LONDON, Sept 25 (Reuters) - After months of feverish speculation about the Formula One futures of Lewis Hamilton, Michael Schumacher and Felipe Massa, matters could finally be coming to a head with less change than expected.
It may be that when the music stops, at least two - and maybe all three drivers - end up sitting in the same seats as before at McLaren, Mercedes and Ferrari.
Hamilton's future has been a topic of discussion since the start of the season but became a paddock obsession when former F1 team boss-turned-television pundit Eddie Jordan 'revealed' this month that Hamilton was close to a deal with Mercedes.
The thinking was that seven times champion Schumacher, now 43 and in the third year of an unspectacular comeback, would vacate his seat for the 27-year-old McLaren driver.
In the immediate aftermath of the Italian Grand Prix at Monza, which Hamilton won without smiling too much afterwards, that still looked a good bet but those reading the runes after Sunday's race in Singapore pointed at a more relaxed atmosphere at McLaren.
"I don't think Hamilton knows what he will do," Formula One supremo Bernie Ecclestone told the ESPN website.
"These last couple or three races he has been doing very well. Before that, why he was upset I don't know but he was definitely going to move no matter what. He had made up his mind that he was going.
"Whether he has changed now a little bit I don't know," added the 81-year-old.
British newspapers reported that McLaren had made an improved offer to the 2008 world champion to try and retain a driver they have backed since his early teens when he was competing in go-karts.
Former McLaren driver Martin Brundle, who commentates for Britain's Sky Sports television, and Jordan both said at the weekend they believed announcements were imminent.
"Been told HAM contract should be sorted in few days. If so, music stops + there will be a huge rush to sit down. It's all unusually good fun," Brundle told his Twitter followers at the weekend.
If Hamilton opts to stay with the team he knows best, rather than linking up again with former karting team mate Nico Rosberg at Mercedes, the focus will turn to Schumacher if the German has not pre-empted matters already.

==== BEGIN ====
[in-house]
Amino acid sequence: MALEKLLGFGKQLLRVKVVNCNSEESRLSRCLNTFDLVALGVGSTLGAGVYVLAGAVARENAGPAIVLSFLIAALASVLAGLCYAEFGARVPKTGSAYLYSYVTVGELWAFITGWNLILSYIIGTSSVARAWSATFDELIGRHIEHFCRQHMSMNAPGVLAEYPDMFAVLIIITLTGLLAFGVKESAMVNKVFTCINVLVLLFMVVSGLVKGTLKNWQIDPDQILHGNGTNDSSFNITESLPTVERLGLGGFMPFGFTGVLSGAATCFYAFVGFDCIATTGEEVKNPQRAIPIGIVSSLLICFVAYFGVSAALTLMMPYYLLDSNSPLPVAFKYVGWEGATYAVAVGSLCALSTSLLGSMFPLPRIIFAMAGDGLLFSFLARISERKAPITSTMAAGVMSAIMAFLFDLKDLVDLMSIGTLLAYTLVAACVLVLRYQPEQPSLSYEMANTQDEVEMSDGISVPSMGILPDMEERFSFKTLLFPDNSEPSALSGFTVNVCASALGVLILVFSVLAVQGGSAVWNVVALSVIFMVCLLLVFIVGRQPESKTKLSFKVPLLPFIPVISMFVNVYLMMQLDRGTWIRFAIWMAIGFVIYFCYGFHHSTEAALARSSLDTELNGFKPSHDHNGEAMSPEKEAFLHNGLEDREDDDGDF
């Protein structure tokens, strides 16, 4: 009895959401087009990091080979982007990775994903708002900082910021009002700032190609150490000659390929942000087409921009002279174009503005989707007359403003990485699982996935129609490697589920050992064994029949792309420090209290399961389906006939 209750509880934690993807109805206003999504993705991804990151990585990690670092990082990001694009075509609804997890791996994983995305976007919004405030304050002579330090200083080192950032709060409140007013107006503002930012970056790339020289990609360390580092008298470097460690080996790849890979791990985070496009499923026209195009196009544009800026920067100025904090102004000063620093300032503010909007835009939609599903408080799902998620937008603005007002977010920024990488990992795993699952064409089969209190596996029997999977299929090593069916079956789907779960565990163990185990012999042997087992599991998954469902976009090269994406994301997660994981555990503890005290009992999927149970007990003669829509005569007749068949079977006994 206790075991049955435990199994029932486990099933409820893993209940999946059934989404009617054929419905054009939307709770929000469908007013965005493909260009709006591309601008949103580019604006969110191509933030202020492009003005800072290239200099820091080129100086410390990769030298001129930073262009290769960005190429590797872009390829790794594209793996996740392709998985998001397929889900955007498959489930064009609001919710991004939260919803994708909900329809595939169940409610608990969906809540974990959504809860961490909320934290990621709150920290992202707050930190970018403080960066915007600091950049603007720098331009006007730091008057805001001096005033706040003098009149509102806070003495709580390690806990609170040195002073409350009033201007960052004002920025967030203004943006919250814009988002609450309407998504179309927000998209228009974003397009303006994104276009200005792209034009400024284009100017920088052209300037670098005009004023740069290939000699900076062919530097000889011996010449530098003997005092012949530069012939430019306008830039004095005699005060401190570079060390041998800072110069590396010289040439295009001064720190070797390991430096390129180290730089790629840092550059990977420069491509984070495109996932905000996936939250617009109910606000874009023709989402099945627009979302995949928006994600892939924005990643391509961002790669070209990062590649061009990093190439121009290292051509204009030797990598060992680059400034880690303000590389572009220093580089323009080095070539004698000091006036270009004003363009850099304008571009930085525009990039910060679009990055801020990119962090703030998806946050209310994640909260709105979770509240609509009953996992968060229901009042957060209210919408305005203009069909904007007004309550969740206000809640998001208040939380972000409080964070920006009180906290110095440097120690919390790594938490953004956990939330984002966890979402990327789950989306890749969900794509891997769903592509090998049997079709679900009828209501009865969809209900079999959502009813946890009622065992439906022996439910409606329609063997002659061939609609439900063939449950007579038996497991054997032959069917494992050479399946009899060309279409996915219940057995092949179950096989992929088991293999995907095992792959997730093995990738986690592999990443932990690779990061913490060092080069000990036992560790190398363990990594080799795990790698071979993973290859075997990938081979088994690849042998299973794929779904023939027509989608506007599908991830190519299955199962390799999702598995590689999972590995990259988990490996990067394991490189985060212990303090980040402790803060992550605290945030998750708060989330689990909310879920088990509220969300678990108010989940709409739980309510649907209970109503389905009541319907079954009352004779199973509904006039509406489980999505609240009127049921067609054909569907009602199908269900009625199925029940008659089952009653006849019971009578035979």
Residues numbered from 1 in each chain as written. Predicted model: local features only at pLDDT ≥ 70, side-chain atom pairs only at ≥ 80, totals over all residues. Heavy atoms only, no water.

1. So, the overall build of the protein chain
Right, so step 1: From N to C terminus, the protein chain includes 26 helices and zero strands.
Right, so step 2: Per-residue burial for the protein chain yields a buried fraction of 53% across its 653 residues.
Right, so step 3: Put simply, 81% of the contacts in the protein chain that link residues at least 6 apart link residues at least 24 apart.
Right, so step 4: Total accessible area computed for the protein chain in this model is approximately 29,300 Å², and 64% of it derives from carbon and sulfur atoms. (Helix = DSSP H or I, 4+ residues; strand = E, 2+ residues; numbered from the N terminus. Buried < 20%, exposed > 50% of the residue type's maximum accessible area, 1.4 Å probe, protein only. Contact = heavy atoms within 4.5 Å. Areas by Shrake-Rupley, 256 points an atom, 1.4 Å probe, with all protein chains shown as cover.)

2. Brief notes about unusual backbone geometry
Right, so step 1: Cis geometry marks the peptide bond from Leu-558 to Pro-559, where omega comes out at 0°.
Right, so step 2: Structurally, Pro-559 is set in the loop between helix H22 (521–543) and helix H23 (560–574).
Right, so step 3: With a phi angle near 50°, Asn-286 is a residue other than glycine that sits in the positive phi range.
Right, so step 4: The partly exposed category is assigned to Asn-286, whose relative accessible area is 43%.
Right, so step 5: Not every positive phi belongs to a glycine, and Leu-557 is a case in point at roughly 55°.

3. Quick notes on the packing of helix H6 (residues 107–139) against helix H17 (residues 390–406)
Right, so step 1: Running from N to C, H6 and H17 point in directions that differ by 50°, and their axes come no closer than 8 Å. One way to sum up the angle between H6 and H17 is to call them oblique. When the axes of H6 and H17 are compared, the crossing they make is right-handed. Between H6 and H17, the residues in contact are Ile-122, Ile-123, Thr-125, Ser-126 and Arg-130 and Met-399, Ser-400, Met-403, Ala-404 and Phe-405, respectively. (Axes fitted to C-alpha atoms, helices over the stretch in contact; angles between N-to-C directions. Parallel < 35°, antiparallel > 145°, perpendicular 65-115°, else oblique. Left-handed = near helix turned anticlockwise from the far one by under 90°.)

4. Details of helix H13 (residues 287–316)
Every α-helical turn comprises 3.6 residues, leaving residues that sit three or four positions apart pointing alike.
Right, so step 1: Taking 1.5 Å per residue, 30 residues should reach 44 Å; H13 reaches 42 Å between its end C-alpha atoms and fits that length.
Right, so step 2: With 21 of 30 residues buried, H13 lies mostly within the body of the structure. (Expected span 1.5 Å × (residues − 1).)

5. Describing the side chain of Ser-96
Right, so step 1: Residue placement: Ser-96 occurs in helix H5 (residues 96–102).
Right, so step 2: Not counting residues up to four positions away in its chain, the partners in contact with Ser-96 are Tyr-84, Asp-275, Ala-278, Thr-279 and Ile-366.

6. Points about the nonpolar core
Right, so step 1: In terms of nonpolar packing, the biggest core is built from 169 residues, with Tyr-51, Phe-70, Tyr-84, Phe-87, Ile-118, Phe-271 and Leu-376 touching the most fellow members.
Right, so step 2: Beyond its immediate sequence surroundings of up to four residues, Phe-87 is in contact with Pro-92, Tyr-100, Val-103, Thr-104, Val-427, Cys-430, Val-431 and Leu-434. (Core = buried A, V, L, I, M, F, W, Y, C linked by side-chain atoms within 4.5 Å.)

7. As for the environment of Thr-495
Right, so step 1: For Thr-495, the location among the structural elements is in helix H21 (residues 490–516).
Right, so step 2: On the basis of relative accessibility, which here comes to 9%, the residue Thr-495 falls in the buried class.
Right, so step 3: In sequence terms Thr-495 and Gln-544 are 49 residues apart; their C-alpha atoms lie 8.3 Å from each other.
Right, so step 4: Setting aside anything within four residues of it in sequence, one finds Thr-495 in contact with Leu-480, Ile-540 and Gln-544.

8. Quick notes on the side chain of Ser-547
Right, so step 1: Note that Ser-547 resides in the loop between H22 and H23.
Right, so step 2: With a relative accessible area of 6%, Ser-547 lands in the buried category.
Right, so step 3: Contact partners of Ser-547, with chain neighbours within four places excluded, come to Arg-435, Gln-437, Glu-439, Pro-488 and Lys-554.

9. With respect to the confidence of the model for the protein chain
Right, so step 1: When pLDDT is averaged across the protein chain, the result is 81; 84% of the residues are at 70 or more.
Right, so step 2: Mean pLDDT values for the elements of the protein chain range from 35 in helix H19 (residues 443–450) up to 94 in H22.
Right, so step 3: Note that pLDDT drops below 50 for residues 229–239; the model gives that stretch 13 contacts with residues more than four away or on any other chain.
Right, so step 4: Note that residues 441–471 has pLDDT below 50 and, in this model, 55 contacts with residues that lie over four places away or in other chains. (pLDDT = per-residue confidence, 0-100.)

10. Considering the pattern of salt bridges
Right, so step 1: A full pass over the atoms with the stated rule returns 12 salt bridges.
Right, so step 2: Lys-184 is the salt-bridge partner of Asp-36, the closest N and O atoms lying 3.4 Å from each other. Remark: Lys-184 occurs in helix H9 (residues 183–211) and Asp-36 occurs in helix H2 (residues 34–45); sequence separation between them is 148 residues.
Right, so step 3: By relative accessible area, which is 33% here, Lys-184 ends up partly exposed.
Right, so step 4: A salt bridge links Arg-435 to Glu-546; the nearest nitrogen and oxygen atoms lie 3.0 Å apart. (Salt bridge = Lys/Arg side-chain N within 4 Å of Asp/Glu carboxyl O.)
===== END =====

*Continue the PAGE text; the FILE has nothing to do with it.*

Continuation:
The sport's most successful driver, with a record 91 wins but none for Mercedes, is out of contract at the end of the season and has said there will be no comment from him until October - which could mean next week.
Mercedes team principal Ross Brawn, an old ally from Ferrari days, has staunchly defended the German's form and continuing ability but Sunday's race triggered fresh concern about the quickness of his reactions when he slammed into the back of Frenchman Jean-Eric Vergne's Toro Rosso.
The incident earned Schumacher a 10-place penalty on the starting grid for next week's Japanese Grand Prix at Suzuka. It also led to online jokes about pit boards replaced by opticians' eyesight tests.
Germany's best-selling Bild newspaper, always a staunch supporter in his glory years, suggested the national hero was over the hill with a headline 'Sorry, Schumi. Are you too old for Formula One?"
Whether Schumacher and Mercedes have come to the same conclusion remains to be seen. But the signs are that if Hamilton turns down the offer then Schumacher, assuming he wants to stay, could still be the default option.
"With Michael it works well so I'll be glad if he stays on next year. We also push the team together very well," Rosberg told Reuters last week.
Massa is also out of contract but the odds on him staying on at Ferrari for another year have moved in his favour after seeming remote.
The Brazilian has not appeared on the podium since 2010 and no Ferrari driver has ever suffered such a drought, 35 races without a top three finish.
Massa is a team player and does have his influential supporters, however - not least his championship-leading team mate Fernando Alonso who would be quite happy to continue with the Brazilian.
"He's had a difficult season and we need points for the constructors' championship," the Spaniard told reporters in Singapore. "But if I look around, I can't see possible replacements who are better than Felipe." (Reporting by Alan Baldwin, editing by John Mehaffey)